Subject(s)
COVID-19 , Coronavirus, Bovine/drug effects , Disinfectants/pharmacology , Glycolipids/pharmacology , Herpesvirus 1, Human/drug effects , Surface-Active Agents/pharmacology , COVID-19/prevention & control , COVID-19/transmission , Humans
14.
Med Hypotheses ; 146: 110447, 2021 Jan.
Article in English | MEDLINE | ID: covidwho-1023713

ABSTRACT

The pathogen burden, defined by the frequency of antibodies to several viruses and a parasite, is greater in Hispanic whites and black populations than it is in non-Hispanic whites, in the USA. The poor and those without higher education also have higher pathogen burdens. The most frequent pathogen that was measured, was the Herpes simplex virus type 1 (HSV-1). This virus can inactivate most of the elements in the immune system, that are designed to protect against the incursions of viruses, bacteria and other pathogens. HSV-1 can also damage the blood brain barrier (BBB), which prevents the entry of pathogens into the central nervous system. Without the help of HSV-1, the COVID-19 virus may not be able to cause serious illness or death in humans. A prophylactic treatment to contain HSV-1, could be vital in the fight against COVID-19.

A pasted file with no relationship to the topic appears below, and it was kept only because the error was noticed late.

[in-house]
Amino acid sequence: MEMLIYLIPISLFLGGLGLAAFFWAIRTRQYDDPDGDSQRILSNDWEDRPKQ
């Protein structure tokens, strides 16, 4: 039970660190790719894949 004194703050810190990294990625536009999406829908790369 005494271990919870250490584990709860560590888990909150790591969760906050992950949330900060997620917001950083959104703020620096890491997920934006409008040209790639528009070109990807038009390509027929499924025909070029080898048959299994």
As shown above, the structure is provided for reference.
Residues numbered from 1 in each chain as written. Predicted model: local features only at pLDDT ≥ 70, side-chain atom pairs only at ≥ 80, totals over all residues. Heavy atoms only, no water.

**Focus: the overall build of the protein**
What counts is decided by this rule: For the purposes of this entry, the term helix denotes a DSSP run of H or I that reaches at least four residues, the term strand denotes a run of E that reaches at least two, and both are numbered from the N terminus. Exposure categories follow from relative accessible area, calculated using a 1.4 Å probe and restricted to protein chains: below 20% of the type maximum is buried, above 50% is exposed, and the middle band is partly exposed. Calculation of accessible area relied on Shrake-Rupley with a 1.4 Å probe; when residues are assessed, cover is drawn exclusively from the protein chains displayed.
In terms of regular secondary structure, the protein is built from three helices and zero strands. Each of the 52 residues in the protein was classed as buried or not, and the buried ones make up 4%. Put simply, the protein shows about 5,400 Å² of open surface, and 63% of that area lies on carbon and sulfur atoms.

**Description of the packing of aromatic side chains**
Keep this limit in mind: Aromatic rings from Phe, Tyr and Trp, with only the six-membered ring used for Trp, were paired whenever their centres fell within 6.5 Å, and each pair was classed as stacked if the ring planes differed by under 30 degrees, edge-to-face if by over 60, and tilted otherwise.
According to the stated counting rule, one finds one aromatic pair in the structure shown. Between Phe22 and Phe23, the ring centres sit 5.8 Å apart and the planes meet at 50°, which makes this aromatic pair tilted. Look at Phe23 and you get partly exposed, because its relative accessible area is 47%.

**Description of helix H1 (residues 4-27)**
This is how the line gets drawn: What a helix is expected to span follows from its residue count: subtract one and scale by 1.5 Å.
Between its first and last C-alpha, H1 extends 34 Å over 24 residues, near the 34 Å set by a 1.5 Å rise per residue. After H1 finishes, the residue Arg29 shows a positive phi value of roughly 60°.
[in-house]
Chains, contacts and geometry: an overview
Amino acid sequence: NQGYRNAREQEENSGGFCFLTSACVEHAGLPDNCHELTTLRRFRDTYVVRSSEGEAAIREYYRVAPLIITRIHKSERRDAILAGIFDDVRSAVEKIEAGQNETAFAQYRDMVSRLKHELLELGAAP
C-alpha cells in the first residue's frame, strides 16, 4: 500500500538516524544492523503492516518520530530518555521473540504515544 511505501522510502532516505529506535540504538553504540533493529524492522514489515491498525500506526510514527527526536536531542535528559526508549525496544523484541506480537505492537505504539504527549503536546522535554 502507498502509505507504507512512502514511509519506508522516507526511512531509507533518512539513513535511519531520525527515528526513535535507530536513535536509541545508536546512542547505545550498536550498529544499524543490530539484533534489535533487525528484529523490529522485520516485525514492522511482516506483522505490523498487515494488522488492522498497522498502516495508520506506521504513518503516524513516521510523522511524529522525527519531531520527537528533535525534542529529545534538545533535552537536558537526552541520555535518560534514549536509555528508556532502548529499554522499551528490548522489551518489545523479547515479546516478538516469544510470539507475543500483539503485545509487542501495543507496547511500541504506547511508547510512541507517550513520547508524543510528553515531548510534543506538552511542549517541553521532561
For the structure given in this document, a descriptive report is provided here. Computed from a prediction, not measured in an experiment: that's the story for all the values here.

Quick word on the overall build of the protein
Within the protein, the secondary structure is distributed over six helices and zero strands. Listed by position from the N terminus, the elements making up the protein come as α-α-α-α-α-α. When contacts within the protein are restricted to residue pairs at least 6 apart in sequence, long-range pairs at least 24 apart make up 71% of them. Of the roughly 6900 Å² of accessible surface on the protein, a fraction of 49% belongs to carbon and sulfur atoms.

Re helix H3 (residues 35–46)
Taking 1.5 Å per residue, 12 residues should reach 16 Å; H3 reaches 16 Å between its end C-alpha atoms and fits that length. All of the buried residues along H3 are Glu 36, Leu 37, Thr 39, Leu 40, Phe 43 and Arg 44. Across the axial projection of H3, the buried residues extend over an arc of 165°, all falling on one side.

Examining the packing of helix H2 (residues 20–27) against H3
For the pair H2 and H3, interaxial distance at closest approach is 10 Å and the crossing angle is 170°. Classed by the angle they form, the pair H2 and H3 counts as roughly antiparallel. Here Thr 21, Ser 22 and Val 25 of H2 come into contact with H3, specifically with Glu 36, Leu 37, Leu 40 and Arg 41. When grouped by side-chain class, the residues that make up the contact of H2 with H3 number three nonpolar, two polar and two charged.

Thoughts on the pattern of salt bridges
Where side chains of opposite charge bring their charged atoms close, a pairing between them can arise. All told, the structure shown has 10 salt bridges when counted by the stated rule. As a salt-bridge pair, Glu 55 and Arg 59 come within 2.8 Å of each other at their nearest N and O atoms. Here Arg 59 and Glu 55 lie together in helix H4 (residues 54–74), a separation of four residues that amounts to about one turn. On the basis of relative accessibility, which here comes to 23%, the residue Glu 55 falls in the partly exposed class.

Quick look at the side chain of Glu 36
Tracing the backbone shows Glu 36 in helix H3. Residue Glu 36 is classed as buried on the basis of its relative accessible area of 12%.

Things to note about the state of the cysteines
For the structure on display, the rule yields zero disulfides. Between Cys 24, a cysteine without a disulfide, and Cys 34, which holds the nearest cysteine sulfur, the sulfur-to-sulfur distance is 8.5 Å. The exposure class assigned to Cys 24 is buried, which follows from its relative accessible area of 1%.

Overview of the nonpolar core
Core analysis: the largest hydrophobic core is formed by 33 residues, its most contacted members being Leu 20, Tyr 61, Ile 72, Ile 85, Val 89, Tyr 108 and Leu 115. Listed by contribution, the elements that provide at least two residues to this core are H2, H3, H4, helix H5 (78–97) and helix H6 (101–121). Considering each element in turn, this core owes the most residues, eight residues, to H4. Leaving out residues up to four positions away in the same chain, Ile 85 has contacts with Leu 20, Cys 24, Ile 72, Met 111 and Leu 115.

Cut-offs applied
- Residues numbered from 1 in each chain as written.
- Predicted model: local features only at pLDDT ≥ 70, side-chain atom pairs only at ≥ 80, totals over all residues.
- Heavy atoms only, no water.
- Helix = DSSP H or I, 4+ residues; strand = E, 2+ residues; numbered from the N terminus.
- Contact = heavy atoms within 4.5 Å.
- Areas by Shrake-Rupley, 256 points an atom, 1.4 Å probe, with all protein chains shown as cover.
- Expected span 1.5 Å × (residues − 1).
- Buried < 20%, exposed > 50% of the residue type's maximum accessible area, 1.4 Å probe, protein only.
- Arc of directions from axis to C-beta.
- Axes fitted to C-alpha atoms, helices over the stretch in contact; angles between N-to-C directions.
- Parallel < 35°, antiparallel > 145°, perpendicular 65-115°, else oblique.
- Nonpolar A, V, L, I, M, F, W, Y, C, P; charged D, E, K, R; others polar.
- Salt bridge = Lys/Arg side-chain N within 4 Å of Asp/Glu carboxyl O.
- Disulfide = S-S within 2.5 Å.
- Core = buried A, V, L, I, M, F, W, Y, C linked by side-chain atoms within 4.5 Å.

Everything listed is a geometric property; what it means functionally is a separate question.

Subject(s)
COVID-19/epidemiology , Herpes Simplex/epidemiology , Herpesvirus 1, Human/pathogenicity , Models, Biological , African Americans , Blood-Brain Barrier , COVID-19/prevention & control , COVID-19/virology , Herpes Simplex/prevention & control , Herpes Simplex/virology , Host Microbial Interactions , Humans , Pandemics , SARS-CoV-2/pathogenicity , United States/epidemiology
16.
Cell Rep ; 33(5): 108345, 2020 11 03.
Article in English | MEDLINE | ID: covidwho-898566

ABSTRACT